Something extraordinary has happened. Few of us are even old enough to remember, but somehow, we all know everything that happened that day. Even if you care little about the beautiful game, I’m going to bet that you can recall as many as five iconic moments from 50 years ago. You will have clearly in your mind the BBC commentator Kenneth Wolstenholme’s famous lines, as Geoff Hurst tore down the pitch to score his hat-trick: “Some people are on the pitch. They think it’s all over. It is now”. And it was. 4 - 2 to England against West Germany. Thirty minutes earlier the Germans had equalised in the dying moments of the second half to take the game to extra time.

More drama we all share: Geoff Hurst’s second goal. Or the goal that wasn’t, as technology has since, I think, conclusively proved. The shot that crashed off the cross bar and did or didn’t cross the line. Of course, even if you weren’t alive at the time, you will know that the linesman, one Tofiq Bakhramov, from Azerbaijan (often incorrectly referred to as “Russian”) could speak not a word of English, signalled it as a goal.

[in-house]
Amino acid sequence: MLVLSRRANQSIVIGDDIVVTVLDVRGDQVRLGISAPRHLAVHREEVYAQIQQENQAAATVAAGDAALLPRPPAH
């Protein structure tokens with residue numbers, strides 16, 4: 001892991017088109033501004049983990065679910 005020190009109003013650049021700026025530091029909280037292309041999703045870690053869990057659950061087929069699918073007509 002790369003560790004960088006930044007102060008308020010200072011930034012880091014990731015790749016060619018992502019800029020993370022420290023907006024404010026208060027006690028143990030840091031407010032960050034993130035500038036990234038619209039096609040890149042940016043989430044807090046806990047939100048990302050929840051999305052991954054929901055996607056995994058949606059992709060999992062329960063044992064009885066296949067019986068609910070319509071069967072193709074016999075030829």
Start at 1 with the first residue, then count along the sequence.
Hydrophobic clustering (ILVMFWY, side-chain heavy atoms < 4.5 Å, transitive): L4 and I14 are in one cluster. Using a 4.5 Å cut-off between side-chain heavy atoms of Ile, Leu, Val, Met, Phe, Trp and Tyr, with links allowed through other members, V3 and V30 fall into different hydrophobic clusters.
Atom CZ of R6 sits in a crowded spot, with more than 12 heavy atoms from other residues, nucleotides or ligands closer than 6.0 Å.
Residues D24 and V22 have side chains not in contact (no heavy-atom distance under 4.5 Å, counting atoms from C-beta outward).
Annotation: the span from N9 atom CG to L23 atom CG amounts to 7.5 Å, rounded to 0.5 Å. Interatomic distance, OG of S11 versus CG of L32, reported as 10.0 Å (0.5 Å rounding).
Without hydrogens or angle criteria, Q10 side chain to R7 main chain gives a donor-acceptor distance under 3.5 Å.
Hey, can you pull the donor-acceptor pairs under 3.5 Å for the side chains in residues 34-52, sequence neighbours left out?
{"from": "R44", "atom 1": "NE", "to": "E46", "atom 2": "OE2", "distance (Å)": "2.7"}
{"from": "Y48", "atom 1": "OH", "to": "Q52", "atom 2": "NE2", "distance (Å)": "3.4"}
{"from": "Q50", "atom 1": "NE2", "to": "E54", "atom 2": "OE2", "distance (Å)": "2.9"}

Then there’s the England Captain, the oh-so-young and handsome Bobby Moore. The very embodiment of the era. You can picture him now wiping his muddy hands on his white shorts before he shakes hands with a youthful Queen Elizabeth. Later you see him lifted aloft by his team mates holding the small golden Jules Rimet trophy.

How incredible, how simply marvellous that as a nation we share such golden memories. How sad for the Brazilians and Germans. Their more numerous triumphs are dissipated through the generations. In those countries each generation will remember each victory but not with the intensity with which we English still celebrate 1966. It’s as if sex was best the first time. The first cut is the deepest.